Date: Sun, 31 Jan 1999 00:21:42 -0600 (CST)
From: firstname.lastname@example.org (Rich Winkel)
Subject: The Plight Of Labor In Pakistan
/** labr.global: 218.0 **/
** Topic: The Plight Of Labor In Pakistan **
** Written 12:02 AM Jan 29, 1999 by email@example.com in cdp:labr.global **
Date: 01/29 12:22 AM
P.O. Box 4233
Berkeley, California 94704
The Plight of Labor in Pakistan
By Karamat Ali, Pakistan Institute of Labour Education
29 June 1999
The trade union activist Karamat Ali of the Pakistan Institute of
Labour Education in Karachi spent a short residence at the University
of California under the sponsorship of the Center for South Asia
Conversing on Pakistani trade unions responses to multinational
capitals modern reentrance into South Asia, he asserted that in the
perspective of the last fifty years more hurdles than opportunities
have been created for labor. Partition proved to be a disjunction for
labor on the subcontinent, for Pakistani labor had no contacts with
their Indian counterparts till 1990 and vice versa. With the Bangladesh
schism, the possibility of South Asian labor solidarity was made even
worse. Bitter national rivalries overrode proletarian commonalties.
The national states in the region have used their militaries to control
labor. The Pakistani and Indian states have prevented easy contact
between the common people which particularly effected labor -- with
the result that there is a lack of horizontal linkages in the rupee
Discussion between elements of the South Asian states began in the
1980s with the organization of SAARC, and a recognition of the linkages
between the region. The highest paid 10% of the work force are
concentrated in the permanent public sector in Pakistan. Further, all
the SAARC nations have a hierarchical top/down; male dominated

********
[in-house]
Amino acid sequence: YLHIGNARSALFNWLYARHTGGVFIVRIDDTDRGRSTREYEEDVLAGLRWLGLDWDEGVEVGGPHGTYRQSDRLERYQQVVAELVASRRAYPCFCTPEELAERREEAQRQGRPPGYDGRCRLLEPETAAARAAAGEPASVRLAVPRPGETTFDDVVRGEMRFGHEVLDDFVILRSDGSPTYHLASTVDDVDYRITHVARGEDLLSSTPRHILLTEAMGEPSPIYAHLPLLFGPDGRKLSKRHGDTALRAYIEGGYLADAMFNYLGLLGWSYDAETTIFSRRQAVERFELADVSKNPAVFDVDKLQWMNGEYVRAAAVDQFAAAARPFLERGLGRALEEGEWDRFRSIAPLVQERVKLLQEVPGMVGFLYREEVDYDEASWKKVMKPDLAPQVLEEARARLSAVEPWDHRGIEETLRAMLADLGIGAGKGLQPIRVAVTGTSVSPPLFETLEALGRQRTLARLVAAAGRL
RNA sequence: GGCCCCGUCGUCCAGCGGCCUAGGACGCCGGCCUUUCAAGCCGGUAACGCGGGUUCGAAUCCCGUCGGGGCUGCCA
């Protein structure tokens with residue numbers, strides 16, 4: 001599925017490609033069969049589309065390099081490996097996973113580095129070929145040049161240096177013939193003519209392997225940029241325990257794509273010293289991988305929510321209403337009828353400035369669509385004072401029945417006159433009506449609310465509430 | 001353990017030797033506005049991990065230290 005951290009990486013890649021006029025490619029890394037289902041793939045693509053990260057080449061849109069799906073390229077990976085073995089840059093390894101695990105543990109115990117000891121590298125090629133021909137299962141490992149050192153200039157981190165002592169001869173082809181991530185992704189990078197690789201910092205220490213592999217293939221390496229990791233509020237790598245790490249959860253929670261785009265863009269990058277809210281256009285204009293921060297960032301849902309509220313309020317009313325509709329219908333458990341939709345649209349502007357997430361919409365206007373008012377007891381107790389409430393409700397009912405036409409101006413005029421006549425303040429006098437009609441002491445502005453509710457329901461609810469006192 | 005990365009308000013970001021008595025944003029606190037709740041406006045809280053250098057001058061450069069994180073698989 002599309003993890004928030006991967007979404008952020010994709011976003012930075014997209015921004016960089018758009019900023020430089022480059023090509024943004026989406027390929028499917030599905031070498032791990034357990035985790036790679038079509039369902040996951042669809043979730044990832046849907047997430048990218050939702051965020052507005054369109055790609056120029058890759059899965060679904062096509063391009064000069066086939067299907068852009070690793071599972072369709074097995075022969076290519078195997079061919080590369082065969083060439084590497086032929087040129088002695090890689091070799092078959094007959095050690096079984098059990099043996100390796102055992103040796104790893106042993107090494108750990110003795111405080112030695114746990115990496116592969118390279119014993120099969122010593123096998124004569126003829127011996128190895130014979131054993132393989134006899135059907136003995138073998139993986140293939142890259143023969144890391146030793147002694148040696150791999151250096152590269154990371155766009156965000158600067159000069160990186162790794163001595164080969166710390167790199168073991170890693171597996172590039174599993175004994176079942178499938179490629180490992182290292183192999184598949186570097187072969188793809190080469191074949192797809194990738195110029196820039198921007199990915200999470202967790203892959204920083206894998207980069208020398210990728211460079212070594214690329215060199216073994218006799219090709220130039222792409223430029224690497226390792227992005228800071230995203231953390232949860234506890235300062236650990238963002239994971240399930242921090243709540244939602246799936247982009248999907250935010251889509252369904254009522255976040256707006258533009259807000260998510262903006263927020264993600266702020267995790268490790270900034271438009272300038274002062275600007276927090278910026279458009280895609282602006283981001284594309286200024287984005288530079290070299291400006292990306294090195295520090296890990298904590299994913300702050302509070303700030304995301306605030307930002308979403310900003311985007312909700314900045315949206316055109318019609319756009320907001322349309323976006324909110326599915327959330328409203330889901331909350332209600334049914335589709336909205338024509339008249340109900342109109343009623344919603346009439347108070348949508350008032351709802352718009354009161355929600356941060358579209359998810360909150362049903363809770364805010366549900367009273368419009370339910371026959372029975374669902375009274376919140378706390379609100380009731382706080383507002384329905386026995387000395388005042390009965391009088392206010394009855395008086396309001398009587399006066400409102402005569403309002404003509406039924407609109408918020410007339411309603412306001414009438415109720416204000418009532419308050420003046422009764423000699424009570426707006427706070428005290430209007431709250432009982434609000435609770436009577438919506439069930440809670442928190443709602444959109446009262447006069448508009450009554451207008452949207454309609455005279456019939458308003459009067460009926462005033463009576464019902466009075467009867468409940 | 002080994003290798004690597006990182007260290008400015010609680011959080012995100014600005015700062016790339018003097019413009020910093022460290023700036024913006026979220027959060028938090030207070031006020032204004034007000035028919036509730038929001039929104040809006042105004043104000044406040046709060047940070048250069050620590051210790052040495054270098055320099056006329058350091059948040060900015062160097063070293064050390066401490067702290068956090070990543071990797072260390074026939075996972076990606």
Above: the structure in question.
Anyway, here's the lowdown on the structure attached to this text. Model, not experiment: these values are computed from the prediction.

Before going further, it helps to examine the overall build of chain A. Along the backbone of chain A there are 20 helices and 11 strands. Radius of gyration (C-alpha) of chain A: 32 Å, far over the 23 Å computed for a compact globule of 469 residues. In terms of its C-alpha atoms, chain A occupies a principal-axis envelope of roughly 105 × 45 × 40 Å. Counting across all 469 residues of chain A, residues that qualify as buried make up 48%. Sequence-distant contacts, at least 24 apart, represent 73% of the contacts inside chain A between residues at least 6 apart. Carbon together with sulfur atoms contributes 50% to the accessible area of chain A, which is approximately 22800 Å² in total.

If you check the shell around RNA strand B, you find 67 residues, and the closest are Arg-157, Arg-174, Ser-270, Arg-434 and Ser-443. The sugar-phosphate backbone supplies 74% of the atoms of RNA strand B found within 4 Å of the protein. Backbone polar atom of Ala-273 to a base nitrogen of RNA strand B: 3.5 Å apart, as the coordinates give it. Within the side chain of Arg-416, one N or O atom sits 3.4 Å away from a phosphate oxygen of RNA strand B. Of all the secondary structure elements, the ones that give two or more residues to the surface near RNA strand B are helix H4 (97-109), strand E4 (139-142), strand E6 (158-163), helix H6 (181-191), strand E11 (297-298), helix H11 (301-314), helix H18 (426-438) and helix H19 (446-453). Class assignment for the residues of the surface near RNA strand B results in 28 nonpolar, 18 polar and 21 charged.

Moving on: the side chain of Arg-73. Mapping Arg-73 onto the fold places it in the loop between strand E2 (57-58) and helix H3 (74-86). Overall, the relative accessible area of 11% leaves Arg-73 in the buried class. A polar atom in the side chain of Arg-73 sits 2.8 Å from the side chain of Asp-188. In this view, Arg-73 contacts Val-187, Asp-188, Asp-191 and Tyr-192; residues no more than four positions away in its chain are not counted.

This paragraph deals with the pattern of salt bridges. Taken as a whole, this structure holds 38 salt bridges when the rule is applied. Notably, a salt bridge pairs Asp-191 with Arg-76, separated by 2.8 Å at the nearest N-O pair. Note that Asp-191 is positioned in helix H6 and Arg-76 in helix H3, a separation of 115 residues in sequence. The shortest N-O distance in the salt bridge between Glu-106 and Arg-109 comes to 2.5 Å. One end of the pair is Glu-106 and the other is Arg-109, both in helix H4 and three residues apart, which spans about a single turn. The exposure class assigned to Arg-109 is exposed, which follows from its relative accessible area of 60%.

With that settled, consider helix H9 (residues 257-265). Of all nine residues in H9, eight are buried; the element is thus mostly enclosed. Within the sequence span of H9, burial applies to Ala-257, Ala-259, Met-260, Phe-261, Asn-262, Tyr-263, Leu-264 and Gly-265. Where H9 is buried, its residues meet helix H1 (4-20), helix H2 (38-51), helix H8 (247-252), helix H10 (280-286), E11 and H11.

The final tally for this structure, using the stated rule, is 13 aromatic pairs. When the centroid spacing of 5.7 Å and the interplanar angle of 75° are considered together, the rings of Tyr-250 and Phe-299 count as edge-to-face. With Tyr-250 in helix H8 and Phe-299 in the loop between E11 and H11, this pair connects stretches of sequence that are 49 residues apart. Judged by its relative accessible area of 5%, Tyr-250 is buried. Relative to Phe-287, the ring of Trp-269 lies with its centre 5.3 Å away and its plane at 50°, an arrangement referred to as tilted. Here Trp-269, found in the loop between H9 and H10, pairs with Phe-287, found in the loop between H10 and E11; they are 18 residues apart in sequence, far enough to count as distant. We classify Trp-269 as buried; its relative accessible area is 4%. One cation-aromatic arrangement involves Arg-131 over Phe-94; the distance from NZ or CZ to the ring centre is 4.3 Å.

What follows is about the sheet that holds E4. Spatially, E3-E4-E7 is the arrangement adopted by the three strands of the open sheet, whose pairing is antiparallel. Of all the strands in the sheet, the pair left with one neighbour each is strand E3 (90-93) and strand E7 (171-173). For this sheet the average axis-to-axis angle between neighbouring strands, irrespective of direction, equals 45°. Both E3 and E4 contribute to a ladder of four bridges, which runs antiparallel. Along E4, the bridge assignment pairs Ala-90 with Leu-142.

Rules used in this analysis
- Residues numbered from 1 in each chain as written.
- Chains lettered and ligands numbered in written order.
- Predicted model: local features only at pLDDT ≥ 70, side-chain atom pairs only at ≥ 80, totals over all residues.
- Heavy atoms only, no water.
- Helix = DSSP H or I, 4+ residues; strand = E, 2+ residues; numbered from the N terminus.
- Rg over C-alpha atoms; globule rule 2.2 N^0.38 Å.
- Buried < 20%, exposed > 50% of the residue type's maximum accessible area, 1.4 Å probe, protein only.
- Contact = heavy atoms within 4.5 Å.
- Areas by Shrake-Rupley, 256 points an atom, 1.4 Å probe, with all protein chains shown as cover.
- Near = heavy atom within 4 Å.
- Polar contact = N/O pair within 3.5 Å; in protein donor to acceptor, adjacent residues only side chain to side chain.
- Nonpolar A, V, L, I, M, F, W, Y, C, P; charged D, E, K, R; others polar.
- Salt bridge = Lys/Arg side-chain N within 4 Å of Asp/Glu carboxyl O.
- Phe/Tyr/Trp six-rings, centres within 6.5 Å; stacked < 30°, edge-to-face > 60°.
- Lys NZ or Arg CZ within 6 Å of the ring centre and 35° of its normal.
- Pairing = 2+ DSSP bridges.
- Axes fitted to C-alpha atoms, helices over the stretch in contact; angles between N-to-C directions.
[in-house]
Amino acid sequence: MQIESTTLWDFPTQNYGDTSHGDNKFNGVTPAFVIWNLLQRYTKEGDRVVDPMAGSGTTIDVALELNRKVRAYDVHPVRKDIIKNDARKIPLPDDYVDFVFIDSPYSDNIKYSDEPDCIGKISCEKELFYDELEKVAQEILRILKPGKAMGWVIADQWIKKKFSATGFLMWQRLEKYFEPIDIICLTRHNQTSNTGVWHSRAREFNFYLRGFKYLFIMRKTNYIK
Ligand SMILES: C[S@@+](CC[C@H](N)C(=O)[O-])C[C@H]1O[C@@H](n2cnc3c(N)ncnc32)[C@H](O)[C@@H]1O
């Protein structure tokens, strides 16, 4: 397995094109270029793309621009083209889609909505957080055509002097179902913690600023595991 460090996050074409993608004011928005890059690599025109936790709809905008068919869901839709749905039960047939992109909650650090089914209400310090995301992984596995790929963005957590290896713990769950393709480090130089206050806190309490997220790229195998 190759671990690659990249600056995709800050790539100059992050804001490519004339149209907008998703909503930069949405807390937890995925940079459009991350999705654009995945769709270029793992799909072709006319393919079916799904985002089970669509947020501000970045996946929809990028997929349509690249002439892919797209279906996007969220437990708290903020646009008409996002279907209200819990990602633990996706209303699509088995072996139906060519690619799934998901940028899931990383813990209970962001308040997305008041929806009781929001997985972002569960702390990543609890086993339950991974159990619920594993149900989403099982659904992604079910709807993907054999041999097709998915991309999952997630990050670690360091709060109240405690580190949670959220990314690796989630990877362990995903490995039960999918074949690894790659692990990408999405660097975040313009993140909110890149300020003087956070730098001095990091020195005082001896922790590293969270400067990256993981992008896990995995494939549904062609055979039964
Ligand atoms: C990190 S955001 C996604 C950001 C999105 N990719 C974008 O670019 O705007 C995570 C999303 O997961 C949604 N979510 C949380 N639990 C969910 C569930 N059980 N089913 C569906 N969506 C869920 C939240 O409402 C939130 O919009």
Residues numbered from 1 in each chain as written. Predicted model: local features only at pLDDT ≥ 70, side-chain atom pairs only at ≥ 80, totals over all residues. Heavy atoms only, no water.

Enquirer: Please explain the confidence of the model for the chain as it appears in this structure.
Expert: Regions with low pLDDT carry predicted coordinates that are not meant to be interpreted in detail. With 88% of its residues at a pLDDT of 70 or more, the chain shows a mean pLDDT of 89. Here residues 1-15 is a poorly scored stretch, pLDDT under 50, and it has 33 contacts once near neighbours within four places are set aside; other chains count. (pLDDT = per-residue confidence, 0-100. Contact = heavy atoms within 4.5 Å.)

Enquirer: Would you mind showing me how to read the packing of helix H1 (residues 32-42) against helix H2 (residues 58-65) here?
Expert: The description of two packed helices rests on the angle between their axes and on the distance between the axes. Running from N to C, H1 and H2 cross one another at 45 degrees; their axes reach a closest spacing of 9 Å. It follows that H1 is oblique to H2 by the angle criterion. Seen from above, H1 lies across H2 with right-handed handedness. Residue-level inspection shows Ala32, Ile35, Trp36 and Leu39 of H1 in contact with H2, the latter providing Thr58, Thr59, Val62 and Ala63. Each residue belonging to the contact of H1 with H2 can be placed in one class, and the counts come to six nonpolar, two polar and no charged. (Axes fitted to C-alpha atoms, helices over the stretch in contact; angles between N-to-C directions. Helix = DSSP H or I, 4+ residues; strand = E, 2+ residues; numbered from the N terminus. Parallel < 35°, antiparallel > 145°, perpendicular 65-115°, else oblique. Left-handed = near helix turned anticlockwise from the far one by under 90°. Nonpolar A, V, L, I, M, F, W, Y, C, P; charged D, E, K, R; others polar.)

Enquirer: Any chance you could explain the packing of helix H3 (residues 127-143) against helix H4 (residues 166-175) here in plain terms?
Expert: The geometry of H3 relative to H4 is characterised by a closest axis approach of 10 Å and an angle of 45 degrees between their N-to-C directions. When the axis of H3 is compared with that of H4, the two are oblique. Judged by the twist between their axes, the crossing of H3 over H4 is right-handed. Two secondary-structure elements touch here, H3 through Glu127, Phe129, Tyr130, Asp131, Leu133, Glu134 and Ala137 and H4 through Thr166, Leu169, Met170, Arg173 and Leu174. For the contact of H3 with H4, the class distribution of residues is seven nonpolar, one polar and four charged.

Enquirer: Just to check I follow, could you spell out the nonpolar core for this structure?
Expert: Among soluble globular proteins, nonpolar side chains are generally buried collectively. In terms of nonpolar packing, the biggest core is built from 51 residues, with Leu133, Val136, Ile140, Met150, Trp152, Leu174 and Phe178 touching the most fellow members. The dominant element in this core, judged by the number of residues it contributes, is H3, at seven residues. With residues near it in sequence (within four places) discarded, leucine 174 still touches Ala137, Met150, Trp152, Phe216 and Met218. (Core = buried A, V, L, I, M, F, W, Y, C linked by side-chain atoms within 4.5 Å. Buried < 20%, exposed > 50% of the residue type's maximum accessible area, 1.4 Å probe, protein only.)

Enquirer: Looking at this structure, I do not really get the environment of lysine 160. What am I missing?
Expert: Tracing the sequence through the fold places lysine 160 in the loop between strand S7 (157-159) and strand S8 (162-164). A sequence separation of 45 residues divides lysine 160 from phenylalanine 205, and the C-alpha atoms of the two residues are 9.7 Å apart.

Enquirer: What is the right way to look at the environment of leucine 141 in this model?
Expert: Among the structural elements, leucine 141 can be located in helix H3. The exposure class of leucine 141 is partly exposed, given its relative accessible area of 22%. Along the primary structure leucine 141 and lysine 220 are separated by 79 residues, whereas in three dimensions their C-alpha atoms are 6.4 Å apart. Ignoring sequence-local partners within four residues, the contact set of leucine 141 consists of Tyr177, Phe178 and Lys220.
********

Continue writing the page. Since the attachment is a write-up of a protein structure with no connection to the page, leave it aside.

structure where women could rarely even join a trade union. Since
women dominated only the "lesser" occupations the major trade unions
were not interested in organizing them.
Before the Partition the British had already granted the right to
organize although it was enterprise based; therefore, unionization in
the late Raj was inwardly directed towards a specific industry. And,
subsequently, during the modern Pakistani regime manufacturing unions
have been hindered even further in their efforts of organizing.
At the onset of economic liberalization in the 1980s, SAARC as an
economic block had not become functional as yet. There were plethora
of unions in each country. In Pakistan during 1992 all manufacturing
units became privatized which affected the working class negatively.
The recent Indo-Pakistani Forum along with the South Asian Convention
of 1992 created a linkage between environmental issues and labor
rights. In effect this confronted transnational capital moving South
Asian labor into a position of solidarity. The proletariat of both
India and Pakistan felt that there was no sense in demonization of
their fellow workers across the old line of partition in the light of
their struggle against the "enemy" of multinational capital.
Democratic trade unions have a need for South Asian solidarity.
Regarding the nuclear issue Ali stated that "Nuclearization is a big
set back - two beggars act nuclear at the cost of the people. At
least a peace movement is beginning" It is a ploy by the two nuclear
Southern Asian states to divert the populace from issues of justice and
Finally Karamat Ali averred that "Labor rights should be part of the
United Nations principles." He suggested that a commissioner of labor
would strengthen the structure of U.N. itself. But if it this is ever
instituted, it should be under the more democratic General Assembly and
not the authoritarian Security Council.
This material came from the Institute for Global Communications (IGC), a
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